- have namespaces that reflect the structure of my code
- store any values in my namespaces, even primitives
- load a file simply by requesting a namespace
- define dependences between different parts of code within the code itself
- have inheritance supported by the namespaces
Both approaches have advantages and both can be used by the same code only for different things.
For main building blocks of my application I would rather use classical inheritance. I would be able to check if an object is derived from certain constructor function or whether that constructor function is present up the inheritance chain (instanceof). When the code grows, type checking becomes priceless ally of code maintainability.
On the other hand prototypal inheritance is much more useful for ad-hoc objects. One of the best examples in my opinion is default values. Imagine parent constructor's prototype with a property defaults pointing to an object with some default values. Now, in the child constructors's prototype we would like to add one more default value. We don't want to recreate the whole object, though. The easiest and cleanest thing to do - use prototypal inheritance on the defaults object.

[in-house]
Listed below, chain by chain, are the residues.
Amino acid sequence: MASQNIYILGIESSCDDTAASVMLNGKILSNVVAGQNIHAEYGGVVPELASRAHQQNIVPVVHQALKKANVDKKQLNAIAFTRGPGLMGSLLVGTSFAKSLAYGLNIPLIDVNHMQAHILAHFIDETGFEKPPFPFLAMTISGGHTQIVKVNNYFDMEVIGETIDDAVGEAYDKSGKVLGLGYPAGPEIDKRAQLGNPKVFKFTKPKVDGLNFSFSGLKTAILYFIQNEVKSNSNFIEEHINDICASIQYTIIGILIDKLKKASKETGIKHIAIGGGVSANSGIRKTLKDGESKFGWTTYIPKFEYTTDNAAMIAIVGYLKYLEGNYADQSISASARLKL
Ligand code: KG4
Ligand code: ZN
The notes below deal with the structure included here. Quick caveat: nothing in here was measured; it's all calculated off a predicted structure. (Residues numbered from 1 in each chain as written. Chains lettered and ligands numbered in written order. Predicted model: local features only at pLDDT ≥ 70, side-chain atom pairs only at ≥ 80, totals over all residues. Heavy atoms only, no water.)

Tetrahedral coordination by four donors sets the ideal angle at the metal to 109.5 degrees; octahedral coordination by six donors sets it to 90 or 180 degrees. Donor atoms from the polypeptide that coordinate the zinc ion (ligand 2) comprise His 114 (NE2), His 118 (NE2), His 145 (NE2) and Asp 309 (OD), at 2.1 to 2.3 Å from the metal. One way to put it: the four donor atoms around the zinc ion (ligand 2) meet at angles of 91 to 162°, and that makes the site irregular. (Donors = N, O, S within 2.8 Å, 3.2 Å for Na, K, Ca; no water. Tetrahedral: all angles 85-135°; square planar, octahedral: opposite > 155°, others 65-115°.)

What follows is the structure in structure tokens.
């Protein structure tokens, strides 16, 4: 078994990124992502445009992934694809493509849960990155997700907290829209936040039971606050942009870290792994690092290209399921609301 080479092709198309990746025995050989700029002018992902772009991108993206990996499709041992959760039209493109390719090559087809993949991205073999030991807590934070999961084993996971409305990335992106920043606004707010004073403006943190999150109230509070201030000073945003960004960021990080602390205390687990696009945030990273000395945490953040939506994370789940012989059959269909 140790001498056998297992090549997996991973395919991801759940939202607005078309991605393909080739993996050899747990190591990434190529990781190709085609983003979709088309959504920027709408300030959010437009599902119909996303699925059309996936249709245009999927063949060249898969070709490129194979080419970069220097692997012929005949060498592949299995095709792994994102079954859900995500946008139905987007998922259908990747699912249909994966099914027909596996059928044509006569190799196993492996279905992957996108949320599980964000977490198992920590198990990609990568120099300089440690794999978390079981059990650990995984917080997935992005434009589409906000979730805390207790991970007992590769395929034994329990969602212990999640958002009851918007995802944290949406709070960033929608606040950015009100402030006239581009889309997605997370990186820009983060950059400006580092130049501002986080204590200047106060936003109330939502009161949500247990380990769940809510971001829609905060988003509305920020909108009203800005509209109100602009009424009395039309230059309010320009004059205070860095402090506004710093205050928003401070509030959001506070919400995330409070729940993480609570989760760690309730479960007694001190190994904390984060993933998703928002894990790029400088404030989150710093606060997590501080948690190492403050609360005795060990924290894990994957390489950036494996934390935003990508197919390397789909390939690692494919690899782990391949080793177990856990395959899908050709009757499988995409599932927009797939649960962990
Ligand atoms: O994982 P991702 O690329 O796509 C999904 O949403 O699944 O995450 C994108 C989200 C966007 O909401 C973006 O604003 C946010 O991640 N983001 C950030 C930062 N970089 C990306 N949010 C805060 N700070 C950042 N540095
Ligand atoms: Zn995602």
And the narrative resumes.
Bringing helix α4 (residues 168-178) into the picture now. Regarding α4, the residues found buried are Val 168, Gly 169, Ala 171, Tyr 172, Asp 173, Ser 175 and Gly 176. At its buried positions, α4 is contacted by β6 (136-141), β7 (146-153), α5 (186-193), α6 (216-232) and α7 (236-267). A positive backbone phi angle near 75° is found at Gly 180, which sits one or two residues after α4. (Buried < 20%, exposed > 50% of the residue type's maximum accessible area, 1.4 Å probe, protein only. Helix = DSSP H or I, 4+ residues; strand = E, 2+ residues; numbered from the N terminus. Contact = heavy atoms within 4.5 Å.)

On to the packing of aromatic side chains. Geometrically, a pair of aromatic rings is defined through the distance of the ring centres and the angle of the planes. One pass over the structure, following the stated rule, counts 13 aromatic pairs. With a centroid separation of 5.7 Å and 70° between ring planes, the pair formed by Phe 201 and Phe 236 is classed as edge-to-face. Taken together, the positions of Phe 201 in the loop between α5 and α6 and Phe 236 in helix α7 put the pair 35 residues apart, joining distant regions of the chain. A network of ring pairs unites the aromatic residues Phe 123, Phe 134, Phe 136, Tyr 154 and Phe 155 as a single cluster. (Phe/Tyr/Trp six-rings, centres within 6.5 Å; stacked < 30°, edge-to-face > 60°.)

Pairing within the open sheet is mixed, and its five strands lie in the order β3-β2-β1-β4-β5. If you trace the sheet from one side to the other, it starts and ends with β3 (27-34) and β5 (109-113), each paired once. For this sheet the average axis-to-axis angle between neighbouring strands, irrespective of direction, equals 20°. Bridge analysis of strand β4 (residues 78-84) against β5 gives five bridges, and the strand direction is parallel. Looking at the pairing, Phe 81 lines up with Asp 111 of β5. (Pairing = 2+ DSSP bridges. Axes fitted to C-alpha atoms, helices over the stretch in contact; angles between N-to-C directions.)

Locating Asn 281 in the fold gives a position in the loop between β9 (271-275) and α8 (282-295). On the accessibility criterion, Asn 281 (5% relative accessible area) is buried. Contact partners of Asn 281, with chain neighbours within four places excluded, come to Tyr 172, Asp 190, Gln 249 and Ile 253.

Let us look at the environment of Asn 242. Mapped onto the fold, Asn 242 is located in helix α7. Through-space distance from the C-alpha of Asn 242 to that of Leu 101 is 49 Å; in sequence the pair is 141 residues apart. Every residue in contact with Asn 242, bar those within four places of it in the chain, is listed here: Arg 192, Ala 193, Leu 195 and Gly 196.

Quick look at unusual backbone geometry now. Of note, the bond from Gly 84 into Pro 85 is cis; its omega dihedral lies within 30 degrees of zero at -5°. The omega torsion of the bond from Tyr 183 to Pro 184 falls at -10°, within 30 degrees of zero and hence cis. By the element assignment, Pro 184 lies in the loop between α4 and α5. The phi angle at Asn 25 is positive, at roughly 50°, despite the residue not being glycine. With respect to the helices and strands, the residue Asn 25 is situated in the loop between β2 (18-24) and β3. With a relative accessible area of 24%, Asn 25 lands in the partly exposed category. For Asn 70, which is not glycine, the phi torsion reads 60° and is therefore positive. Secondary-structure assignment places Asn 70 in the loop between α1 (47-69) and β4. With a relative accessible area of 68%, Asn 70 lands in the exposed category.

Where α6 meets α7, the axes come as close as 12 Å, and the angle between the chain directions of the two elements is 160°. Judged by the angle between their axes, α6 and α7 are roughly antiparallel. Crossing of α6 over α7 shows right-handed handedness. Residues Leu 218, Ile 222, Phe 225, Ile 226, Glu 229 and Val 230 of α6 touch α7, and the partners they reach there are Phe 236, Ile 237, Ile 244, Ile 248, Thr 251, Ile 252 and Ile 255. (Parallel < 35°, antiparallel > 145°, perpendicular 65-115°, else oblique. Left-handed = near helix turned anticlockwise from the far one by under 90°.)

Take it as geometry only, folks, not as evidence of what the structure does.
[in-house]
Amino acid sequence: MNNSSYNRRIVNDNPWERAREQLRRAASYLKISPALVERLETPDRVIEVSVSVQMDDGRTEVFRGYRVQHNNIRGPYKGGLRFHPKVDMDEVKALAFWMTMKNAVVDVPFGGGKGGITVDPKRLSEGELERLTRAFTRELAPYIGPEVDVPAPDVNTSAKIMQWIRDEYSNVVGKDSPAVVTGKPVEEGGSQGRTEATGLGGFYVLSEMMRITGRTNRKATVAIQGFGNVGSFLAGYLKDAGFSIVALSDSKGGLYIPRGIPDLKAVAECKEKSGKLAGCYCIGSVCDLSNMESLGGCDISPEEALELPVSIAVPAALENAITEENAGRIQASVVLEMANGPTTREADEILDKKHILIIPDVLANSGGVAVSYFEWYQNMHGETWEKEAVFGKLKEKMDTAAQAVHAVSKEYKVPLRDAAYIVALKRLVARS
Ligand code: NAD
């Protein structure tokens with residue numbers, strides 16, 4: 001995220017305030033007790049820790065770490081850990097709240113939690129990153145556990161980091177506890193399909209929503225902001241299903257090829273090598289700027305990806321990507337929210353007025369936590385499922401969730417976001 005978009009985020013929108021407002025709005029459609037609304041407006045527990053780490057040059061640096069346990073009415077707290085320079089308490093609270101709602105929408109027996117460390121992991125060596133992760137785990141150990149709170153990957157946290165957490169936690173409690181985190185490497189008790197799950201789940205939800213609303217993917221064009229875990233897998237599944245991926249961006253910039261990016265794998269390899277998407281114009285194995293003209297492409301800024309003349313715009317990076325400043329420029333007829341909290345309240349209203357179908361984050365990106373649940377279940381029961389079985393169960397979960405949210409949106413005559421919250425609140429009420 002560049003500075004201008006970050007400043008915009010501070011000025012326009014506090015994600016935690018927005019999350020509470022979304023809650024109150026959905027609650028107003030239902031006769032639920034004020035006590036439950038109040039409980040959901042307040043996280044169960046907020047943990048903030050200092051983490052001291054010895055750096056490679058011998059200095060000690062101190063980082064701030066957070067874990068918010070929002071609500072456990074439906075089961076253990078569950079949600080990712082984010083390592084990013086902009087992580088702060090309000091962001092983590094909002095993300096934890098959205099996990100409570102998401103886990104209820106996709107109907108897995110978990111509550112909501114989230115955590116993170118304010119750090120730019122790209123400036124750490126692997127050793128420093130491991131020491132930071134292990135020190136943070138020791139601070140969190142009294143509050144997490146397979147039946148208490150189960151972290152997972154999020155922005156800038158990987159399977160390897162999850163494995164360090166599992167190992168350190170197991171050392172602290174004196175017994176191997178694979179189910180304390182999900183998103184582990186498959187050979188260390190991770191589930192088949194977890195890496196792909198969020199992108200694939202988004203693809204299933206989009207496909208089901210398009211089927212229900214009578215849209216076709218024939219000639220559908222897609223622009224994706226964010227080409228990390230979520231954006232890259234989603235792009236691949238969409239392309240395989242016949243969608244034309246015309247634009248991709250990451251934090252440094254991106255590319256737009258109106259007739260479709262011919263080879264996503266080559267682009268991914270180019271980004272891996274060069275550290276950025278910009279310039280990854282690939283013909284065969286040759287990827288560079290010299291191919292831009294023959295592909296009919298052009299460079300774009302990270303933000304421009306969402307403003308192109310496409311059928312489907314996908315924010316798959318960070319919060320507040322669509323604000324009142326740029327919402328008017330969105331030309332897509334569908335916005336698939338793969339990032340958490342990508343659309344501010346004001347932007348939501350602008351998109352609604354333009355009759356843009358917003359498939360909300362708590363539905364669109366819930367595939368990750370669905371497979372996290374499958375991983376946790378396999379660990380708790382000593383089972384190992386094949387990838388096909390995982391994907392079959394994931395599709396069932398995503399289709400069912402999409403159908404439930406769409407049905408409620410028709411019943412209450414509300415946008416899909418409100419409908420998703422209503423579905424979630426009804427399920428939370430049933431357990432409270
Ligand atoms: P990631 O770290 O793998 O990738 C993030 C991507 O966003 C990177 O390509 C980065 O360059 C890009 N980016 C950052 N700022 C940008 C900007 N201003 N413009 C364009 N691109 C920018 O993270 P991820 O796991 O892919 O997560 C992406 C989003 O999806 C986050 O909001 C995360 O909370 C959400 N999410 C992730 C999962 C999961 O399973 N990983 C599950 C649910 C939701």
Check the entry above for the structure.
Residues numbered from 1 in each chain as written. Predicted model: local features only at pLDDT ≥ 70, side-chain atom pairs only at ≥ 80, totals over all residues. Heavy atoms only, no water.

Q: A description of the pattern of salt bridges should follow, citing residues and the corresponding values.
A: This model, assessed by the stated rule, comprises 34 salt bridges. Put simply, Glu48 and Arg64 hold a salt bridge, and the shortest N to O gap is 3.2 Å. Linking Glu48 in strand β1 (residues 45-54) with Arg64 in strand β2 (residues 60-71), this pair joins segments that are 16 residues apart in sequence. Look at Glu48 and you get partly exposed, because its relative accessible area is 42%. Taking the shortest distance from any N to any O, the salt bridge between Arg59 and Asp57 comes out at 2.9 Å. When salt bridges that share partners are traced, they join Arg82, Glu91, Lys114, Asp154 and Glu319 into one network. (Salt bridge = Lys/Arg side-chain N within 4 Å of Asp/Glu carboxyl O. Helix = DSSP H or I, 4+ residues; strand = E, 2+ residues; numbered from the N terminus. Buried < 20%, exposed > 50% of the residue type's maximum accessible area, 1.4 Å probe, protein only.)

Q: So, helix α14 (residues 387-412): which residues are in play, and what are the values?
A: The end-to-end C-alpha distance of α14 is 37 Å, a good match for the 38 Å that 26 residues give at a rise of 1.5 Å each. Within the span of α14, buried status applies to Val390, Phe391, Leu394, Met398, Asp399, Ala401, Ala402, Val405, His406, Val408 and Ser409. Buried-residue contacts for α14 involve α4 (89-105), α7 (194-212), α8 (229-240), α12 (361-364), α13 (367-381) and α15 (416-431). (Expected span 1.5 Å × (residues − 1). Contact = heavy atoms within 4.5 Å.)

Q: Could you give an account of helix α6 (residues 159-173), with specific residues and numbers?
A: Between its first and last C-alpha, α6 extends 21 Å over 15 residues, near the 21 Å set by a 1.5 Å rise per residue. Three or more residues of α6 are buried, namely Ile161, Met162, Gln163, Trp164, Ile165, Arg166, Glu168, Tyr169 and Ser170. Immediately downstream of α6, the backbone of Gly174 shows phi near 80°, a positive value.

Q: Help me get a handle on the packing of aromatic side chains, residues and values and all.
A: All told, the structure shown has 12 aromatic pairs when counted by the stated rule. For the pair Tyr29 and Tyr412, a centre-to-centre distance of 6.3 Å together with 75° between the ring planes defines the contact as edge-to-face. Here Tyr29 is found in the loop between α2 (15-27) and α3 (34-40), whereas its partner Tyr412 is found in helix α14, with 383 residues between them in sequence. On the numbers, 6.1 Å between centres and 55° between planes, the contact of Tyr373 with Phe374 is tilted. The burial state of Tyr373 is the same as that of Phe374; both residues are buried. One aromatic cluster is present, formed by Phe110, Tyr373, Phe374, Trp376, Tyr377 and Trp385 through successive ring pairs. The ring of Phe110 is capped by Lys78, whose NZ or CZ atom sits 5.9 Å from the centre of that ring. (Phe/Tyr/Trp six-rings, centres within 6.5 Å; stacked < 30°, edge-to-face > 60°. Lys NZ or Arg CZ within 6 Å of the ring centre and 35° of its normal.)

As wn() is focused on main building blocks of an application, it supports classical inheritance. Being built around namespaces, wn() allows to express inheritance using namespaces as well. Just an extra sugar.
Again, you can find examples of inheritance on the wn() Wiki.
I hope you will find wn() useful. I made every effort to make it easy to use as well as the examples easy to read and understand. Nothing's perfect but you can help improving the library by simply dropping a line.
Thanks for reading.